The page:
Logue also seems a great clubman and is one who I hope they up the offer too. Let’s see what happens.

It looks certain there will be players out the door, adding to the retirement of David Mundy, which means Freo will definitely have list spots to fill. It looks almost certain that one of those spots will be taken up by Luke Jackson.

It sounds like even Freo fans are split on Jackson: he has a lot of talent for sure, but the truth is he is a ruckman, not a ruck-forward. This creates an interesting conundrum considering Sean Darcy is already one of the competition’s premier big men.

Where does Jackson fit in the Freo line-up, and does he really solve the issue of a non-functioning forward line?

It’s hard to make a case that Jackson will help in the forward 50: he kicked less goals this year than Lobb, the player he would be replacing in the side. Watching Melbourne this year, Max Gawn even looked more natural in the forward line than Jackson did.

He also won’t come cheap – you’d expect Melbourne to ask for two first-round picks – and it’s clear Jackson will be on a hefty salary over a number of years at the Dockers.

The ‘messiah complex’ is one we’ve seen at Freo before; over-paying on Jesse Hogan, Lobb himself, Cam McCarthy and Trent Croad years prior. If Lobb leaves, you’d argue all of those high-profile trades were failures, and it’s dangerous to add Jackson to that mix.

I’m not necessarily saying don’t go after him, but I do question whether he should be the priority. Bell and co need to be strong enough to walk away if they feel the deal is going to jeopardise other list management options.

Sam Switkowski of the Dockers

(Photo by Daniel Carson/AFL Photos via Getty Images)

The forward line is clearly the area of concern. The backline is top-four quality, the midfield is emerging with the likes of Andrew Brayshaw and Caleb Serong, with a fit Nat Fyfe potentially back on the cards next season.

It’s kicking a score that has plagued the Dockers this season. They do have options already on their list, though. Jye Amiss has been super impressive in both finals – but he is young and certainly can’t be expected to be a flag-winning spearhead in 2023.

Josh Treacy and Sam Sturt also show promise and I’d hope both get a lot more opportunity next season.

Matt Taberner at his best is a very good forward – the problem is he rarely seems to get on the park, and was the most subbed out player this season.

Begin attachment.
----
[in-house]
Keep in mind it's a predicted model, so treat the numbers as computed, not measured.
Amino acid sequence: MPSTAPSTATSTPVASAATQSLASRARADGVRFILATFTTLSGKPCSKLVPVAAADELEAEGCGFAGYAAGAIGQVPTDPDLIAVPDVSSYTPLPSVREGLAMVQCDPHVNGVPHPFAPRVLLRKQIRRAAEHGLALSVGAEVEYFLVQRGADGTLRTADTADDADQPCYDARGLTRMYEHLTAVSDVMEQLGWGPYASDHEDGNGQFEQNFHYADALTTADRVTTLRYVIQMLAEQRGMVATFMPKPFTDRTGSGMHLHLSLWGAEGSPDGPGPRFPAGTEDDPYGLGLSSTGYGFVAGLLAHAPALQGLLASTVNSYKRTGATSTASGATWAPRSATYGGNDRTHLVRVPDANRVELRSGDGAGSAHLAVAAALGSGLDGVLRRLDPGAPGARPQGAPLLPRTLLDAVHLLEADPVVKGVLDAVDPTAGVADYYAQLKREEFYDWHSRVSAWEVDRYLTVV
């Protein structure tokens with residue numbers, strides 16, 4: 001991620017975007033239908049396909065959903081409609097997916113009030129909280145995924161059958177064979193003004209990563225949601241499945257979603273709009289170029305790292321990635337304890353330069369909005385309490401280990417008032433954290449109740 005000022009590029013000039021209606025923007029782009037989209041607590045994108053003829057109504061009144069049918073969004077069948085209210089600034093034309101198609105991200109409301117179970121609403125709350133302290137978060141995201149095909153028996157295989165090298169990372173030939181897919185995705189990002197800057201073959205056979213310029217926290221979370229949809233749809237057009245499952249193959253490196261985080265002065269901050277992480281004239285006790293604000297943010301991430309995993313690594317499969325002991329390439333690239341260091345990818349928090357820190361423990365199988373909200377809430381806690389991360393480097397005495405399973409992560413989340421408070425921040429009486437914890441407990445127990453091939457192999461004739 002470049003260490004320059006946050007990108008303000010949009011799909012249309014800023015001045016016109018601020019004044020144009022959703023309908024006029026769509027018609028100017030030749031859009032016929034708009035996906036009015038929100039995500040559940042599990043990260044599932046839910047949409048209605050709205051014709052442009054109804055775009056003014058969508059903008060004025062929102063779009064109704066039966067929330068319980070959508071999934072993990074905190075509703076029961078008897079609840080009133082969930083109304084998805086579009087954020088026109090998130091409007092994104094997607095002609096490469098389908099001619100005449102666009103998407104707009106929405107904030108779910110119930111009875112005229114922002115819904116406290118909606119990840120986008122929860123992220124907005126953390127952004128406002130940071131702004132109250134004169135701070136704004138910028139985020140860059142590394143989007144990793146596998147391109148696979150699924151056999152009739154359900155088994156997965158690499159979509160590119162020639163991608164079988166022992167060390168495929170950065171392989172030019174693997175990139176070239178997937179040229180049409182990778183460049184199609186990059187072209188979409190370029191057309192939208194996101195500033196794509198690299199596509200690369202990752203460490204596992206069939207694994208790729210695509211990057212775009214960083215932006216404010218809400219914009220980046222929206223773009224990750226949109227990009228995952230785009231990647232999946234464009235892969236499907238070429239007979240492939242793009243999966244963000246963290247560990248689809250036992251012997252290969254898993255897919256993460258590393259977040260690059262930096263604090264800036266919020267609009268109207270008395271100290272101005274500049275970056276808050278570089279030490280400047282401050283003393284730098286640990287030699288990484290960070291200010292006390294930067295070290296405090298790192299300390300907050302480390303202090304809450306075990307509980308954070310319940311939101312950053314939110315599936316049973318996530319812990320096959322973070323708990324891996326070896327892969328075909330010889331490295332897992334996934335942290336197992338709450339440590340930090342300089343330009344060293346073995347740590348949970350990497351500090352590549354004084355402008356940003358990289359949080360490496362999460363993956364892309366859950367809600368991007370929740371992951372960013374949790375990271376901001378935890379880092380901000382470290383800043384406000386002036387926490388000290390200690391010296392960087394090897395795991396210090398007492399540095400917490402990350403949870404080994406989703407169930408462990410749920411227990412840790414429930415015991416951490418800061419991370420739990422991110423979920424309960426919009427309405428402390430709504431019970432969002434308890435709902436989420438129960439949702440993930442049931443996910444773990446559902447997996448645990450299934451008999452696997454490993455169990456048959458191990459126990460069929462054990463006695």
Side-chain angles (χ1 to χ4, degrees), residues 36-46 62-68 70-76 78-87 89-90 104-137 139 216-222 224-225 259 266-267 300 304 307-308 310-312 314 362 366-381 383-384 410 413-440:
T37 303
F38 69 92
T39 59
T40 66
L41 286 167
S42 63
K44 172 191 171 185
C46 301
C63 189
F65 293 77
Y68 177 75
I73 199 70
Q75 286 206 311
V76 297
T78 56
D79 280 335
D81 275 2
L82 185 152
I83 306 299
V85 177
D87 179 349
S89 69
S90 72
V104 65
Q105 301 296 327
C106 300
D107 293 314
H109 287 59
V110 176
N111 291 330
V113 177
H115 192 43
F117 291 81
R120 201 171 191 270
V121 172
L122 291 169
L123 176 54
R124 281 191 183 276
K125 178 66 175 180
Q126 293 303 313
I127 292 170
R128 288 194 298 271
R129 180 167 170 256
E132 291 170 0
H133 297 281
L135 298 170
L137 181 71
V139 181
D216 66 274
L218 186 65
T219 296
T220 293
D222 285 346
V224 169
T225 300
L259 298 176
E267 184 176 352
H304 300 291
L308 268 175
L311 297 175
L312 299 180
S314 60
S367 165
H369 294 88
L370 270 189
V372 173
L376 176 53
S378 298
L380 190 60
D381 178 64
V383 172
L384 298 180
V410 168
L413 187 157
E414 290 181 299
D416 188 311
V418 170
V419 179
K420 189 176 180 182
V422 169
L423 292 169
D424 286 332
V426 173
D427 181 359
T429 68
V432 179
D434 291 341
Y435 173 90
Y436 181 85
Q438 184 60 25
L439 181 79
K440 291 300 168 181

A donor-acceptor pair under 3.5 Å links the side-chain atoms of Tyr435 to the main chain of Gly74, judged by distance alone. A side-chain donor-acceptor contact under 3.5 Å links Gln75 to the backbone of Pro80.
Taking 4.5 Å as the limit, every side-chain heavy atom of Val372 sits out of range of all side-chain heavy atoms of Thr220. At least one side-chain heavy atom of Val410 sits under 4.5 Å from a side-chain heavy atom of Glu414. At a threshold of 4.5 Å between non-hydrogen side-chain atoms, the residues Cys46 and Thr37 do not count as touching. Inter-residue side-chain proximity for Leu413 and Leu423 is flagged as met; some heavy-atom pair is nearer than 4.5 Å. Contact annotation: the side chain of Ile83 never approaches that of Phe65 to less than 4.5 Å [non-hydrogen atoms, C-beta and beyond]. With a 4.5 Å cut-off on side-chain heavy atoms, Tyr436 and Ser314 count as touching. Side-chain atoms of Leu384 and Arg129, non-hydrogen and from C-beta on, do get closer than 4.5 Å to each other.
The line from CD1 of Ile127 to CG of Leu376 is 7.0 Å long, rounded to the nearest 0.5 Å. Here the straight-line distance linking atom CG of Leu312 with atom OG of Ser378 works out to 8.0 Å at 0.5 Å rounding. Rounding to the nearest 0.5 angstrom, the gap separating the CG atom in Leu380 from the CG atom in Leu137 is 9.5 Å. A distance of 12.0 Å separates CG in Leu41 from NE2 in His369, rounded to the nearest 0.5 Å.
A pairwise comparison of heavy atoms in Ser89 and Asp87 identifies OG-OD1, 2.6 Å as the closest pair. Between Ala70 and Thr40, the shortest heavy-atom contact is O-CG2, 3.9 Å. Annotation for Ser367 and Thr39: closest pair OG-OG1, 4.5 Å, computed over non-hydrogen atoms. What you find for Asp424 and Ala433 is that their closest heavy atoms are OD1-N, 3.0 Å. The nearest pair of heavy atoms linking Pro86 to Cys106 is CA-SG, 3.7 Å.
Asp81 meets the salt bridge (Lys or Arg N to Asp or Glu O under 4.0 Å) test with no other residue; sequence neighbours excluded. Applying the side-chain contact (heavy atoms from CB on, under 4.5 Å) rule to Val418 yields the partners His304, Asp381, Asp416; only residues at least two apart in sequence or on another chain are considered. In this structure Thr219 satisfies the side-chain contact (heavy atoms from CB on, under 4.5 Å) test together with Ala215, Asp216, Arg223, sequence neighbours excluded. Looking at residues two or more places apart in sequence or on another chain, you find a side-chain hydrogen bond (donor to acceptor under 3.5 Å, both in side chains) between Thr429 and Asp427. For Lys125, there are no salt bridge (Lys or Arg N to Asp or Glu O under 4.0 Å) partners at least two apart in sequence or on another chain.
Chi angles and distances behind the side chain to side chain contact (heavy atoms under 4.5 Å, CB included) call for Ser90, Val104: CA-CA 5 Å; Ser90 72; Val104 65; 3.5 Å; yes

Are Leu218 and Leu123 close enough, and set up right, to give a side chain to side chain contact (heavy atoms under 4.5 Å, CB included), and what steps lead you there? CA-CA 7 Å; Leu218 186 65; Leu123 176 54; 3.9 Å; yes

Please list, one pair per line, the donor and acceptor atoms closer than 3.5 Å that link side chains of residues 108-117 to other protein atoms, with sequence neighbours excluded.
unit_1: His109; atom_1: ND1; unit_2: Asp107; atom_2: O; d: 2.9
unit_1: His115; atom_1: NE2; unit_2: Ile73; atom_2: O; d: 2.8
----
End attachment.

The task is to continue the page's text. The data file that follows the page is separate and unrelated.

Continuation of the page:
This means Freo definitely needs reinforcements in this area. The problem is I don’t really see any jumping off the page.

Logan McDonald and Mitch Georgiades are the two that would likely be top of the wish list, but neither look like they’ll be leaving their current clubs (Sydney and Port Adelaide) anytime soon; and no other big names in this part of the ground spring to mind.

Would Freo be bold enough to make a play on someone like Jack Gunston? He doesn’t really fit the age range but would add something to an inexperienced forward line.

The ‘Moneyball’ play would be looking for someone who is out of favour at their current club and bringing them in on the cheap, similar to Will Brodie last season. The Suns brought Mabior Chol in for 2022 without having to give a sent to Richmond under free agency rules – is there someone out there that fits a similar mould for Freo to eye?

It’s less clear who else Fremantle might make a play at, I’ve heard Gold Coast winger Jeremy Sharp’s name mentioned a couple of times, and he would fit as a possible Acres replacement, but it’s still lacking that star power that you need to force yourself into the top four.

In addition to their list questions, there will be threats from below as well for the Dockers to face in 2023. Richmond will make a huge splash with Tim Taranto and Jacob Hopper both coming across from the Giants, whilst you can be sure Melbourne will be hurting from their loss on the weekend, and may well team Max Gawn up with Brodie Grundy for next year.

It’s up to the Dockers to ensure this season isn’t a one-off and their progress continues trending upwards, and that starts by nailing the off season.

It’s shaping up to be a busy one.